In 2013, McCall presented Stepping Out which was seen as a rival to BBC One's Strictly Come Dancing.[26][27]

In 2016, Davina presented a 4-part factual series for ITV called Davina McCall: Life at the Extreme. She also presented a new show, This Time Next Year for the channel.[28]


During 2005, McCall presented He's Having a Baby, where she followed and advised eight young men who were to become first-time fathers at various stages during the show's ten-week run. It received poor ratings.

McCall has been one of the co-presenters of the annual British charity telethons that are organised by Comic Relief on BBC One. Organised on an alternating comedy/sport theme and televised live in March, Red Nose Day has been co-hosted by McCall since 2005. She had previously presented or appeared on various related Comic Relief shows, including: The Record Breaker (1999), Naked Red Nose Ground Force in Practice and Say Pants to Poverty (2001), The Big Hair Do (2003) and Comic Relief Does Fame Academy (2005).

From early 2006, McCall fronted her own prime-time chat show, Davina. Receiving scathing reviews and with viewing figures falling to below half of the six million watching The Bill on ITV at the same time, the show was axed in April for not reaching expectations.

Other work

In 2001, McCall appeared with Ed Byrne, Tristan Gemmill and Tameka Empson as the title character in Sam's Game, a Friends-style sitcom. Slammed by the critics, it aired just once. McCall has voiced the android Davina McCall in the 2005 Doctor Who episode "Bad Wolf", and in 2008 she played herself as both a human and a zombie in Dead Set, a five-part horror parody of Big Brother set in the house.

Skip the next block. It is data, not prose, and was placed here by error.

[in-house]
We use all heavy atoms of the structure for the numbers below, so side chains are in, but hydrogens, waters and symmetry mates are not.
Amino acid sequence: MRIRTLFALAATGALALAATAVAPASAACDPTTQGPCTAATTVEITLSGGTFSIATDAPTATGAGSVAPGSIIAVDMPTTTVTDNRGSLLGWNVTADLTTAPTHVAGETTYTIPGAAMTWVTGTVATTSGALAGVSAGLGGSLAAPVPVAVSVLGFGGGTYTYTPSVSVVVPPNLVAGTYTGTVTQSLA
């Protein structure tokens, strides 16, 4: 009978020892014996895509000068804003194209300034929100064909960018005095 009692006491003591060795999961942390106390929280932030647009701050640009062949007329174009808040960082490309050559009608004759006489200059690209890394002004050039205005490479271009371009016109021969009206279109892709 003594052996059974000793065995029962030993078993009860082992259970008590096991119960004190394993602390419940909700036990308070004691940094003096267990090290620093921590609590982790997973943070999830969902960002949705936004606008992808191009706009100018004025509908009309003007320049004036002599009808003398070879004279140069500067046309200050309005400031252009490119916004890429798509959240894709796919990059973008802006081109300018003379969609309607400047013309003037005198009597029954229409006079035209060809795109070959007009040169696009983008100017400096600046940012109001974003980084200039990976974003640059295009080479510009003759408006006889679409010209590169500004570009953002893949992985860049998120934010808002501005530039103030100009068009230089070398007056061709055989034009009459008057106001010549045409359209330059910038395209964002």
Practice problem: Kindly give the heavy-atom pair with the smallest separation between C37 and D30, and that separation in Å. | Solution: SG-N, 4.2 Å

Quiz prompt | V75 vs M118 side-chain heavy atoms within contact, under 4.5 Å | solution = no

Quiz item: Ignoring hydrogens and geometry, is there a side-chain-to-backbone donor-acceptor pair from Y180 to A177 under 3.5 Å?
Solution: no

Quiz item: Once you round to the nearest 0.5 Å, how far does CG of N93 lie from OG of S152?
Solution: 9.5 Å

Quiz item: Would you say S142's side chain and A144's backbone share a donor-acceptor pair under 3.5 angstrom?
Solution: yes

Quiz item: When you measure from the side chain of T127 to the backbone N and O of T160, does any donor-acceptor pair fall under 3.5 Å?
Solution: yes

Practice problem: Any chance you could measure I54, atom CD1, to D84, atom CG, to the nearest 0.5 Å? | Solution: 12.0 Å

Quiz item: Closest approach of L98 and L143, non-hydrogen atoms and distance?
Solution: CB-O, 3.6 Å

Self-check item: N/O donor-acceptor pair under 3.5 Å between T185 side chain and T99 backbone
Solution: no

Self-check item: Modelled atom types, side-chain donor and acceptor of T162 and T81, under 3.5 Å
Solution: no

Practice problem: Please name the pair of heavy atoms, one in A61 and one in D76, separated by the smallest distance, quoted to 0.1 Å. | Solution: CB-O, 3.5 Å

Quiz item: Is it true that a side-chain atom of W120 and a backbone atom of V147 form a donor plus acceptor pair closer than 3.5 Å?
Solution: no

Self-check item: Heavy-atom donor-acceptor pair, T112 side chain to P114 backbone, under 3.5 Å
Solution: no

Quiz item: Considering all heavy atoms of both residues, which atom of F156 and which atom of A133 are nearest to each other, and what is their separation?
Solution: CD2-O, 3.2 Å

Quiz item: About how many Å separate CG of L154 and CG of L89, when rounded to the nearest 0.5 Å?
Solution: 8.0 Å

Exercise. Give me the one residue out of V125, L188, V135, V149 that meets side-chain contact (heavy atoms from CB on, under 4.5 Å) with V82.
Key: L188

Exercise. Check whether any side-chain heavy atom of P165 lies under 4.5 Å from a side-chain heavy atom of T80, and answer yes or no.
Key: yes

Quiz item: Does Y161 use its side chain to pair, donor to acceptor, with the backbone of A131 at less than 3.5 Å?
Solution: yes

In documentary television, McCall has fronted Let's Talk Sex about sex education and how it's taught in the United Kingdom (one of the countries of Europe with the highest teenage pregnancy levels). She also published a companion book to the series. McCall has also appeared in a video for schools called "Watch Over Me," talking about her drug addiction and peer pressure.

McCall is also the face of cosmetics brand Garnier in the United Kingdom.

In August 2014, McCall was one of 200 public figures who were signatories to a letter to The Guardian opposing Scottish independence in the run-up to September's referendum on that issue.[29]


In February 2014, McCall undertook a BT Sport Relief challenge called 'Davina – Beyond Breaking Point', seven days of either running, swimming or cycling across the UK to raise money for the UK charity Sport Relief. This challenge was filmed by the BBC for a one-off 60-minute documentary called Davina: Beyond Breaking Point which aired on 20 March 2014 at 21:00 on BBC One.[30] During the live telethon, it was announced that McCall had raised over £2,239,931 for Sport Relief 2014.[31]

Personal life